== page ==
Yxayotl Native-made Xavier Quijas Yxayotl $575 - $700 Clay Exquisite museum quality double flutes in the Mayan/Aztec style, including Corn Lady and Moon Goddess Forms CDs, Drums, Masks, Art These double flutes are for serious musicians who wish to invest in the work of a modern Indigenous artisan making extraordinary beautiful flutes.
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High Spirits Flutes Non-native-made Odell Borg $150 - $350 Walnut, Birch, Cedar Plains-style Drone Flutes of exceptional craftsmanship and beauty DVDs, flute bags, whole array of flutes Odell Borg also makes a beautiful Triple Flute.
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Spirit Of The Woods Flutes Non-Native made Ed Hrebec $350 - $500 Walnut, Maple, Cherry, Exotics Cartridge-style drone flutes incorporating such handsome woodwork CDs and Accessories Endorsed by professional musician Mark Holland, Ed Hrebec's Flutes are designed with such sensitivity to visual beauty. A pleasure to look at his work.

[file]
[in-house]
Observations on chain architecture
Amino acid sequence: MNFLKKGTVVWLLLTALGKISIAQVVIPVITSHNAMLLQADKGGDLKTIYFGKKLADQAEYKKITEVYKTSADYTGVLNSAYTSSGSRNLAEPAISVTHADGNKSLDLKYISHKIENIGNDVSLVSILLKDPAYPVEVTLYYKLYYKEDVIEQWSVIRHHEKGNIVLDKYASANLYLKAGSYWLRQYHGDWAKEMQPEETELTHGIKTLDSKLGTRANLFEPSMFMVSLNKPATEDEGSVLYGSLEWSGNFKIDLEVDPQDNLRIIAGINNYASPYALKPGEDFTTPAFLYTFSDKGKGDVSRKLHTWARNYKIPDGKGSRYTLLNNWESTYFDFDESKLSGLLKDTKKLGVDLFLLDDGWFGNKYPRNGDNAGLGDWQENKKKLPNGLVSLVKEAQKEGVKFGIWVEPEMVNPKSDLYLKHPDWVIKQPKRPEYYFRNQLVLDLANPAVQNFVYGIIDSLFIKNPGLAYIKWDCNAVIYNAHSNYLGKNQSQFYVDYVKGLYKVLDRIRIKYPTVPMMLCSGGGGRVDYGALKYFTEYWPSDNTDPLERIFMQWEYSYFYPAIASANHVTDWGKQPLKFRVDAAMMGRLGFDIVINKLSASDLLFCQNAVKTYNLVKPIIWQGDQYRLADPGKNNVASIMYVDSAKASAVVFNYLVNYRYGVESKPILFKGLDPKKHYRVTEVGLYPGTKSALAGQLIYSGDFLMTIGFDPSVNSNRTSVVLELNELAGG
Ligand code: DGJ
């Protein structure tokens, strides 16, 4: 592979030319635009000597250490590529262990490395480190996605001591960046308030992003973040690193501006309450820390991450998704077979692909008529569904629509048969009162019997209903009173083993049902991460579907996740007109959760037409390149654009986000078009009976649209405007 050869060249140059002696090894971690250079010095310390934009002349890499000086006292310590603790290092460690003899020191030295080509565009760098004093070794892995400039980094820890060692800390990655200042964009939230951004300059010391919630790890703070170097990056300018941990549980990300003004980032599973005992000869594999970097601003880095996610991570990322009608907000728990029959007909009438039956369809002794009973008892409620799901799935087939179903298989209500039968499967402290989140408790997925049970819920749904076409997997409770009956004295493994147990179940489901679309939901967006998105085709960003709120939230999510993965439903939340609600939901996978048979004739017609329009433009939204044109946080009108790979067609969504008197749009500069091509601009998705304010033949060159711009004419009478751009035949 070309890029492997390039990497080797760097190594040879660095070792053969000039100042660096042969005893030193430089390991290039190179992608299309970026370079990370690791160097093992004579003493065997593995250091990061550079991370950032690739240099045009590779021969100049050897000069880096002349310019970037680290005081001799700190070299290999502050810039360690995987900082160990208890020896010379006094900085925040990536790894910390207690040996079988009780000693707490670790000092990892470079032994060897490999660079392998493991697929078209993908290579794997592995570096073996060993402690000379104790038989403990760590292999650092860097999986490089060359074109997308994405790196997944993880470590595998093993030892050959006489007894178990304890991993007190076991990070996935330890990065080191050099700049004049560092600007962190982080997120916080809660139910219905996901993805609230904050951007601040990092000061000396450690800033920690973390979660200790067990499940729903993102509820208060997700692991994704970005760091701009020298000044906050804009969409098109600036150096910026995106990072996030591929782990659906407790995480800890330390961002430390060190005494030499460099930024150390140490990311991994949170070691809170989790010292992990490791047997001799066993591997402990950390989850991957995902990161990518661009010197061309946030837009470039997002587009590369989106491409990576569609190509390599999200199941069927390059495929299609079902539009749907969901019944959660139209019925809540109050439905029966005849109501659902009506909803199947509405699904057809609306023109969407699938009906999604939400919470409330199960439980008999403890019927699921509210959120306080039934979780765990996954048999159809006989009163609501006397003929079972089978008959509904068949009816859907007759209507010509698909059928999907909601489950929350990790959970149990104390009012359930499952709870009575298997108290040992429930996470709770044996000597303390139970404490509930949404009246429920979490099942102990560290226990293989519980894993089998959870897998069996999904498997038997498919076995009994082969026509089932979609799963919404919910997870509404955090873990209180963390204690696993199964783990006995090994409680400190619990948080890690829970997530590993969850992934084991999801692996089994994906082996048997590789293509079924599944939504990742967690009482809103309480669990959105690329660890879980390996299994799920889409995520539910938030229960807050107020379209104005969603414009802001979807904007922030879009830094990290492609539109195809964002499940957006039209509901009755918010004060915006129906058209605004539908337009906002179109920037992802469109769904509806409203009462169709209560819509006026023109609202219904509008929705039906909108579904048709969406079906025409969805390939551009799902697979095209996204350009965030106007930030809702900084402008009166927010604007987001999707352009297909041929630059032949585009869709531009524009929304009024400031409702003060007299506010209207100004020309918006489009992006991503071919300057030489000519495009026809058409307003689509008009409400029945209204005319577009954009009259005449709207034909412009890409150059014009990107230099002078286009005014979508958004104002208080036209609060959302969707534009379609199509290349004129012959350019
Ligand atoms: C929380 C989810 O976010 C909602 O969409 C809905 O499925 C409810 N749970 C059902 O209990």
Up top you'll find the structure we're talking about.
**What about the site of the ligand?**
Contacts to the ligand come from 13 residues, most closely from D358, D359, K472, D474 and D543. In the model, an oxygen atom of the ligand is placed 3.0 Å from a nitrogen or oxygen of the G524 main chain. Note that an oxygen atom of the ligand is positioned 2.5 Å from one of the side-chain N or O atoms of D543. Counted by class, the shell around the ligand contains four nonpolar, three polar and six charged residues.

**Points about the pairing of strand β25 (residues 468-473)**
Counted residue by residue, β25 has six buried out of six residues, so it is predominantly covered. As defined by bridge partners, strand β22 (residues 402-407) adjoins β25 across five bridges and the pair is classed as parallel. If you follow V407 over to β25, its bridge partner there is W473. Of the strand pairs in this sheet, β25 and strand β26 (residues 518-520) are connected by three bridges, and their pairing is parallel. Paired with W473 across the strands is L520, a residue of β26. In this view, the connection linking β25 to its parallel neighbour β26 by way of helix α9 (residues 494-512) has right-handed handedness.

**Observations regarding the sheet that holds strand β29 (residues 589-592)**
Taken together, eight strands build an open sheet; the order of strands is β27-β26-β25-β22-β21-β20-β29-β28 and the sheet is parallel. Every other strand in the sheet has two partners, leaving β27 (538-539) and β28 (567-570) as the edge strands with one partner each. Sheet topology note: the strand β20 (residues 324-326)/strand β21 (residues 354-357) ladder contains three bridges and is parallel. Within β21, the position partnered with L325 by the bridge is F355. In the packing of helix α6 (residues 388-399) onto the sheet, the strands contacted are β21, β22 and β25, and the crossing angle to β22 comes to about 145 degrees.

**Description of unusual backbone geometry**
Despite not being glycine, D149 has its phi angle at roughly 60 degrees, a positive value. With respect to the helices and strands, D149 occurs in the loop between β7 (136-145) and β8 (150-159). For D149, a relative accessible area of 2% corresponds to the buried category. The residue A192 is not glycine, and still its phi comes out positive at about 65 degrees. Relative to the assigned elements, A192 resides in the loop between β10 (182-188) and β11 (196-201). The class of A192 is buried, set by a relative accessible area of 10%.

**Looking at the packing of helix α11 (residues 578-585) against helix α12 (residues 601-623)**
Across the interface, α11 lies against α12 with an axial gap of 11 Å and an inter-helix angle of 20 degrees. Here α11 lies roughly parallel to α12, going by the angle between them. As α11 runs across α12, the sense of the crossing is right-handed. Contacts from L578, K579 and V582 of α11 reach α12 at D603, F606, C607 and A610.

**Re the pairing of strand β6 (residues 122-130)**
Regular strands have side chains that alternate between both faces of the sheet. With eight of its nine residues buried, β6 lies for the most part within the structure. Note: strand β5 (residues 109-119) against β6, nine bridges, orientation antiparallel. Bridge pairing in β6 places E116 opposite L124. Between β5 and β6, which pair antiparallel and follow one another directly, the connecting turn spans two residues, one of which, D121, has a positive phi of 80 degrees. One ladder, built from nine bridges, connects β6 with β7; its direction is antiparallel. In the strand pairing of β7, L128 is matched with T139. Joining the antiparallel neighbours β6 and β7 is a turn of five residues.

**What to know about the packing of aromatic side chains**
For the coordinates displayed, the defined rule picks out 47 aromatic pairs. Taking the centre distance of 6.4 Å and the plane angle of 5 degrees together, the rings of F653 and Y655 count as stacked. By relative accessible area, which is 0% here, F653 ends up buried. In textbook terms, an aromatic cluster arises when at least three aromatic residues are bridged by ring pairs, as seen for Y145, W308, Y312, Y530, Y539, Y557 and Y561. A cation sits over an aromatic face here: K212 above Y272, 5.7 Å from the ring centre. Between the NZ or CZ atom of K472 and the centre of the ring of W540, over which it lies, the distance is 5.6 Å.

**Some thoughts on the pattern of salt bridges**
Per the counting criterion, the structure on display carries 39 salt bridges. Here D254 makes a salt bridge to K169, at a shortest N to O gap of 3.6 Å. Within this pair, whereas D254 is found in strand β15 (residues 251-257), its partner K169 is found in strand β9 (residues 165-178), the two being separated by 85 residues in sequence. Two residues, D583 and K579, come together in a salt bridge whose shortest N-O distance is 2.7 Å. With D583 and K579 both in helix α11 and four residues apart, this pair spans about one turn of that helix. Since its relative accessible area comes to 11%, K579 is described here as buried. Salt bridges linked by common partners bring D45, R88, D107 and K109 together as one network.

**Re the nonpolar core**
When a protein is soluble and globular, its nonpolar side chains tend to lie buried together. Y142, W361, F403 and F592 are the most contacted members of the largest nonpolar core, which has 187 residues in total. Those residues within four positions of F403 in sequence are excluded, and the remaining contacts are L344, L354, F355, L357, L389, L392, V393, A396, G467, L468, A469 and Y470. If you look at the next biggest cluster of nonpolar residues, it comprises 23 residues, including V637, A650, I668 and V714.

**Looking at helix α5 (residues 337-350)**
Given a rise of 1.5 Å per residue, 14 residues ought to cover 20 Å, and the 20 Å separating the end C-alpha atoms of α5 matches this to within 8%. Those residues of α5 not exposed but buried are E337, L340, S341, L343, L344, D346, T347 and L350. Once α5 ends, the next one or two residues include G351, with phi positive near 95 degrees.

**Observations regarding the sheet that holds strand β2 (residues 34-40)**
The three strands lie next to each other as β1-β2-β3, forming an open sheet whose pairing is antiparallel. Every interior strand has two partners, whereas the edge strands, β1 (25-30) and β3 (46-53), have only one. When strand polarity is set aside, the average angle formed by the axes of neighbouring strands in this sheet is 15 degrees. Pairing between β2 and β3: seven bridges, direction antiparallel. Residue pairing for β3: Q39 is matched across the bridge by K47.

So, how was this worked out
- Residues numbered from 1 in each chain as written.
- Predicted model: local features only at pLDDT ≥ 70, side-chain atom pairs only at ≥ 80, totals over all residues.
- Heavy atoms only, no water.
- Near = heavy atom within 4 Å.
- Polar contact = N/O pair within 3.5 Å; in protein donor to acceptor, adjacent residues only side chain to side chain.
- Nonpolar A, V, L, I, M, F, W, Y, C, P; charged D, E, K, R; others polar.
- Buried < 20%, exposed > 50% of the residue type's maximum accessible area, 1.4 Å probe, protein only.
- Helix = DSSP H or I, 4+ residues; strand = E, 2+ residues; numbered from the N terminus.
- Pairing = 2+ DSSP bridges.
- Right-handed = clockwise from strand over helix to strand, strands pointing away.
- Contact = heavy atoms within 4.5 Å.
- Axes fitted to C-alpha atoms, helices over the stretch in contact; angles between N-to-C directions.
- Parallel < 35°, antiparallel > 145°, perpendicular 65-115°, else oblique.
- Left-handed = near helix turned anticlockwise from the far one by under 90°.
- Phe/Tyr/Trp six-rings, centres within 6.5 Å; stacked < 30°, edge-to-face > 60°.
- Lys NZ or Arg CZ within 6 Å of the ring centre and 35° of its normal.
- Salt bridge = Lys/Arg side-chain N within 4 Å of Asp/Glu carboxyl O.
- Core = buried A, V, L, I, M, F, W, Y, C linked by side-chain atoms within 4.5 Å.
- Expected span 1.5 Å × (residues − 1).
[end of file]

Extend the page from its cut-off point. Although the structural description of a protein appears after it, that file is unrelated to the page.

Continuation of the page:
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Fretwell Flutes Native-made Jerry Fretwell $250 - $550 Cedar, Birch, Oak, Maple, Ash, Exotic Cartridge-style drone flutes made of very beautiful wood Carrying bags, boxes, and other accessories Simple designs and very beautiful. Offers custom-made drone flutes.
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Research indicates that the ancient double flutes of occidental Mexico may have played vital roles in the religious ceremonies of these people. Perhaps their capacity for producing psychoacoustic sounds helped participants to bridge the gap between the everyday and the supernatural. No matter which Indigenous American culture one studies, the complexity and centrality of spiritual practices is apt to awe. It can bring into sharp focus the contrast between this world view and the typical modern one which may be practically devoid of ceremony or recognition of a spiritual dimension to life.


If you ever find yourself wishing that your life was richer in meaningful ceremonies, music can pave the way into encounters with energies and powers greater than our individual selves. Consider the magnificent unison of a drumming circle at a Native American Powwow, the ecstatic joy jazz musicians claim they often feel from the experience of jamming with one another, or the uplifting quality of beautifully rendered choral music. All these are examples of what happens when people join together their creativity towards a single purpose. The ceremony of a duet between two singers, an Indigenous musical performance or even a rock concert can put both us and the musicians into a space of acute awareness and openness to the wonders of life.